SLPs helping children with autism communicate: Sharing interests to build social connections


[cheery music] KELLI: Can you
look at Paige’s face? How does she look? What feeling is
she having right now? CHANCE: She’s bored. KELLI: Bored.
Yeah, she’s bored. So, what do we need to do
to help her not be bored? So, a child with autism,
there’s a lot of different reasons
that they would come to see a speech pathologist. Usually with that diagnosis,
there’s some sort of a communication disorder. And so, they’re gonna
be coming in to see us to work on social communication. CHANCE: The deeper part
moves. It’s moving too deep. How I like this.
I can do…. KELLI: We often see
children with autism who have apraxia too. That can be a
subcomponent of the autism. The child’s brain knows what
it wants to say, but somewhere between the brain and the
mouth, the signals get crossed. We’re not just looking
for verbal communication. We’re looking for
a gestural system. We’re looking for pointing. We’re looking for can
they develop some signs that will help them. We’re looking for
that engagement. Are they looking at you?
Are they following you? Are they imitating you? So you know, communication
comes in so many forms. PAIGE: I wanna be blue,
not green! CHANCE: I want to be green. This one is mine. PAIGE: OK. KELLI: Nice job using
your words, Chance. Good job, you guys. When you see that where their
frustration decreases because they were able to say something
to a parent or to a therapist and get what they wanted,
or what the, or the person understands what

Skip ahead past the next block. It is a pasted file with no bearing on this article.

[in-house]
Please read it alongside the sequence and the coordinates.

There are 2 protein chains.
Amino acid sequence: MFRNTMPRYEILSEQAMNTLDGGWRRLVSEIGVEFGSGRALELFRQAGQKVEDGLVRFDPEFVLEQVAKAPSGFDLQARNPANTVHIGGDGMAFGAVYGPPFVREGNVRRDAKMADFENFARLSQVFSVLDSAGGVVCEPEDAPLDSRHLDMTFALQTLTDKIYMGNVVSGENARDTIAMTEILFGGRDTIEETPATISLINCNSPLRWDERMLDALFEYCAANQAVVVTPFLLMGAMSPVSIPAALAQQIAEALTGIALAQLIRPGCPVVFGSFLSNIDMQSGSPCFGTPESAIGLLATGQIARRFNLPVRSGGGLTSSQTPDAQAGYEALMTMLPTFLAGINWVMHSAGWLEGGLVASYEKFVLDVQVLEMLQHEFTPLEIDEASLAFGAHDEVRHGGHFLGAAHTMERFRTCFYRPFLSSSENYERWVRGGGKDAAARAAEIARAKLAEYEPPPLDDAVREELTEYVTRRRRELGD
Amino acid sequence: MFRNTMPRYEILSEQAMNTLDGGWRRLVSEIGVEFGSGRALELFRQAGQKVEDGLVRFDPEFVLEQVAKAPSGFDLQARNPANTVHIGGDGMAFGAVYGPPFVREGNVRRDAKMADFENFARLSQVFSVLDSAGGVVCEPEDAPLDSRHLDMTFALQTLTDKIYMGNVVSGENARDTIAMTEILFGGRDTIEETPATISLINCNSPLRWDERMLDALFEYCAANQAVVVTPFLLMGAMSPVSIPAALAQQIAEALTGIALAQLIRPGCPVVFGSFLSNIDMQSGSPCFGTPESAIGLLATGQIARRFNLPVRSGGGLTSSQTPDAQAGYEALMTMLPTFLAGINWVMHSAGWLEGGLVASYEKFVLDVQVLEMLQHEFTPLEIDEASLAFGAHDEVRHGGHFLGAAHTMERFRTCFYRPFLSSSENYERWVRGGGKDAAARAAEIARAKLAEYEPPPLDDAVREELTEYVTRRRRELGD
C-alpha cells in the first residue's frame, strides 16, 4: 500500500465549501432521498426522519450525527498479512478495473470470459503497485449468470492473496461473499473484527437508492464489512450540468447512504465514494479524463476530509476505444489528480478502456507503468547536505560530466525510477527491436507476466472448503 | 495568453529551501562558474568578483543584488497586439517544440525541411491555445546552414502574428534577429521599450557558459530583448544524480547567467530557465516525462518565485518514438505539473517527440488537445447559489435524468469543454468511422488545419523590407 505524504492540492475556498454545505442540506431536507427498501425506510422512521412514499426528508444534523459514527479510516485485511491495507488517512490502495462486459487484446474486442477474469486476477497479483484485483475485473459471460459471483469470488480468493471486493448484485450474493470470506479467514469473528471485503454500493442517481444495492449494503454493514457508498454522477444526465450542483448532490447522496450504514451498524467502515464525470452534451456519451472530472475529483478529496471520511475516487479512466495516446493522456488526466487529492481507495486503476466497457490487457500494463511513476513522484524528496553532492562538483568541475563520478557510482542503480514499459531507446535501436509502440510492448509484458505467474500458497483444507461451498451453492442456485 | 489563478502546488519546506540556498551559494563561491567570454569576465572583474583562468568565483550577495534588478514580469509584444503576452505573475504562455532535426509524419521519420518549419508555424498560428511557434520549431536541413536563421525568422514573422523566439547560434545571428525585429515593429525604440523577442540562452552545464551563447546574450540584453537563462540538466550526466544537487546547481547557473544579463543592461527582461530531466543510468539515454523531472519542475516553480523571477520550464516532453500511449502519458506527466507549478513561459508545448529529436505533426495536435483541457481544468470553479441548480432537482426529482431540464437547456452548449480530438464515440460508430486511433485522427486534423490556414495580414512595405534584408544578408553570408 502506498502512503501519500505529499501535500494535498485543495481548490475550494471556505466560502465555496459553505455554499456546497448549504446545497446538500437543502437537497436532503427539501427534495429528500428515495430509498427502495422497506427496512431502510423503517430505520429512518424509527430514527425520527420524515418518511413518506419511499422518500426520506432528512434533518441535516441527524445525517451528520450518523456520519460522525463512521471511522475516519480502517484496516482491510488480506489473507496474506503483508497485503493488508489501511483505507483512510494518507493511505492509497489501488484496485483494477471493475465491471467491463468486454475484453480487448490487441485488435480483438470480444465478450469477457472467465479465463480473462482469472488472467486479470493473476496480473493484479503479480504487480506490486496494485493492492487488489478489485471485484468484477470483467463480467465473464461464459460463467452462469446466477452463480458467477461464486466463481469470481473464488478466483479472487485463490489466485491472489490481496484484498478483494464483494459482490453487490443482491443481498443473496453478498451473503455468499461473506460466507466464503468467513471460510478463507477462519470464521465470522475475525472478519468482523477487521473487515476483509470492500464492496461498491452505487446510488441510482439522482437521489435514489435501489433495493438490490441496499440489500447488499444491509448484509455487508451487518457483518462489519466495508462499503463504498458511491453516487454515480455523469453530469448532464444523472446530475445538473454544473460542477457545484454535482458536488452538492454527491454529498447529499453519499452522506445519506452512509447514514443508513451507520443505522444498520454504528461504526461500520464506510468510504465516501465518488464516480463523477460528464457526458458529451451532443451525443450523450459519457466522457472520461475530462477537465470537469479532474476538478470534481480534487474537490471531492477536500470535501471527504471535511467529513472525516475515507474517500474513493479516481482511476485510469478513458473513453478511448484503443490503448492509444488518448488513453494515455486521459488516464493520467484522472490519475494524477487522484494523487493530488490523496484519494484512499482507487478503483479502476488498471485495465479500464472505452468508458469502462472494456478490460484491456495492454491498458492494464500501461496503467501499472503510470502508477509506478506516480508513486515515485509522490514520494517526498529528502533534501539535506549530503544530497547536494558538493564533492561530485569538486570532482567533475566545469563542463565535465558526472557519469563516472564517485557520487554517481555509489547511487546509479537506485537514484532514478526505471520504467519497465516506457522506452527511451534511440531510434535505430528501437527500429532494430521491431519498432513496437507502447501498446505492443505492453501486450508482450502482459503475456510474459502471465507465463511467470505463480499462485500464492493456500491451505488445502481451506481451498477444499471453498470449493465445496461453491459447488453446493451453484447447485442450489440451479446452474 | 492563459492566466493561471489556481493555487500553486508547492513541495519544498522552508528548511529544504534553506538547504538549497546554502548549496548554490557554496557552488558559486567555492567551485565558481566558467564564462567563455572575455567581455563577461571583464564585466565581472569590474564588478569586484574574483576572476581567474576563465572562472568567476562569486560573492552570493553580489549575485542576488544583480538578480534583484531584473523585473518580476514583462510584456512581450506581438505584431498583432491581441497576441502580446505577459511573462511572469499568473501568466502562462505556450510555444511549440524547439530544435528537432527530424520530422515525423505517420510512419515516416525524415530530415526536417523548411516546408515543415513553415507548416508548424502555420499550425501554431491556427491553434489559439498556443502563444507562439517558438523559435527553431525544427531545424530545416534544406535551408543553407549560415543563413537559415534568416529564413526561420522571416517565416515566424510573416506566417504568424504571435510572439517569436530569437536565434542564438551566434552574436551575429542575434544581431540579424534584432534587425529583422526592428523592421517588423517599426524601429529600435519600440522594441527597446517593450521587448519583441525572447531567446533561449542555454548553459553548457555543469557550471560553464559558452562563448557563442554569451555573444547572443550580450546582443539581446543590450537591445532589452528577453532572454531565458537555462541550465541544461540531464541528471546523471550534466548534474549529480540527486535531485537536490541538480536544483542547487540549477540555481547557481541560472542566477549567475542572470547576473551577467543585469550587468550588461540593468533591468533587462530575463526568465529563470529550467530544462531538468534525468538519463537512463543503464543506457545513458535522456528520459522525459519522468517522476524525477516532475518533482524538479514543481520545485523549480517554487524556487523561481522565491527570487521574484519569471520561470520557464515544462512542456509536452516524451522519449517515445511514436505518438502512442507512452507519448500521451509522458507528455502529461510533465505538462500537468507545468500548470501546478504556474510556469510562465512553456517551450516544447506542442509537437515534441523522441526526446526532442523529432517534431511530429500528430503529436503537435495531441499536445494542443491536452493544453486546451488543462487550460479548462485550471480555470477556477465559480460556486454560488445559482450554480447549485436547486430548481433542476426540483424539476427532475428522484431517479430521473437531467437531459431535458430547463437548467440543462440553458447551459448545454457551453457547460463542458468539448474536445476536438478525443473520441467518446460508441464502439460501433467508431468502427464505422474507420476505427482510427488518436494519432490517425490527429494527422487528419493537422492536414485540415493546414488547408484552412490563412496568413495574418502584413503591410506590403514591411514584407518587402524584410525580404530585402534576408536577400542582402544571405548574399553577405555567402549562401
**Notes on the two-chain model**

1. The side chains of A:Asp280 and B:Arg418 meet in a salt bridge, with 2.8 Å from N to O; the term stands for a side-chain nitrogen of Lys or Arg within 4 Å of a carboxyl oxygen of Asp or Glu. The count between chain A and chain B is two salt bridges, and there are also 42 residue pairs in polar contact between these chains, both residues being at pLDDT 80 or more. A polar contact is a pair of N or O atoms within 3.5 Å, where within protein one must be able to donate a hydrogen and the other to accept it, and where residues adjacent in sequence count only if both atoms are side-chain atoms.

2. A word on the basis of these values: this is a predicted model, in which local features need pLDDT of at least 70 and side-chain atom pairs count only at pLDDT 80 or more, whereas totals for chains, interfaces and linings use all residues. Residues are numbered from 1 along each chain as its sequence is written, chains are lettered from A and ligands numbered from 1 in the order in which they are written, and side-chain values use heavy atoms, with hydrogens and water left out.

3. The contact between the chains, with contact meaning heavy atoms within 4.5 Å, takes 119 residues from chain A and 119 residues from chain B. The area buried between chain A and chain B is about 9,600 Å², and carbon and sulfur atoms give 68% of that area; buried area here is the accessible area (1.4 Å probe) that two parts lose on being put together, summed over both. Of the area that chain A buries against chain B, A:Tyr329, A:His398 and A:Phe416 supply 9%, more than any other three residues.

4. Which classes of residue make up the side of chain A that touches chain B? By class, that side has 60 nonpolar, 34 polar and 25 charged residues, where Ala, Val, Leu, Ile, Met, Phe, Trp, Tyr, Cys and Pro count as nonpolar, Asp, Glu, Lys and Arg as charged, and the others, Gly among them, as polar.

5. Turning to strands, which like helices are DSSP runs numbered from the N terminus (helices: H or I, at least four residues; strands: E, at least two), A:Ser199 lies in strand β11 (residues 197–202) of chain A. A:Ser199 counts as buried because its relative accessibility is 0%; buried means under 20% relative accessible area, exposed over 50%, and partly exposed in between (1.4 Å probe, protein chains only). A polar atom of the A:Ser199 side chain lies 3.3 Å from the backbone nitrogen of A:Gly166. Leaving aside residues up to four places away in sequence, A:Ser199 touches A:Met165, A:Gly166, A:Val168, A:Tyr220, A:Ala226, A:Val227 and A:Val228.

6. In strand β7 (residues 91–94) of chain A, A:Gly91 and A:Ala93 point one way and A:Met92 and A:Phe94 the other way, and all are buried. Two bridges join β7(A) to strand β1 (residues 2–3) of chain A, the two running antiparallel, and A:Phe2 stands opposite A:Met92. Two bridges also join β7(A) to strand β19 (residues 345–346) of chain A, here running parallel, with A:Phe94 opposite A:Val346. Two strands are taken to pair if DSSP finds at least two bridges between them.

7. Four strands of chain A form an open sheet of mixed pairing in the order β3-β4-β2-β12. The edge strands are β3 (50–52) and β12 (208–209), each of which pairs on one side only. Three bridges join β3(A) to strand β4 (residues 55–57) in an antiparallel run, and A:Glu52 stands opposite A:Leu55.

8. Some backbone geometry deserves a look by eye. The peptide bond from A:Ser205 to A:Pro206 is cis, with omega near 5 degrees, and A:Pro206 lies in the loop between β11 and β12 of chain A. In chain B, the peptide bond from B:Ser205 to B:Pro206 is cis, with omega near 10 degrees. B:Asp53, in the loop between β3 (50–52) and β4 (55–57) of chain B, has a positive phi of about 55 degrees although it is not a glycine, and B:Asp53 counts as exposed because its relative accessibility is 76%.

they were trying to say, I think there’s nothing
more rewarding than that. KELLI: Chance, we’re
gonna finish up our emotions on the computer here. Whenever I start therapy, I always try to make it
the child’s agenda, not as much my agenda. And I’m gonna work my
goals into their agenda. And that’s just a
philosophy I really believe in. If you have a child that’s
interested in what you’re doing, you’re gonna make a lot
more gains with them than if it’s something
you want them to do and it’s not in
their interest zone. KELLI: We’re starting
youngest to oldest. So, who’s youngest? CHANCE: Paige.
KELLI: And who’s oldest? CHANCE: You.
KELLI: [laughs] My dream goal for
all kids that I see, or for all kids in this world,
is that they have a voice, that they have a way to
communicate their thoughts and their needs and their
ideas, and that those thoughts and ideas and needs are heard
and that they’re valued. CHANCE: How much things can be
inside the chest in Minecraft? KELLI: I don’t know.
Do you know? CHANCE: I don’t know too.
KELLI: Yeah. [cheery music]

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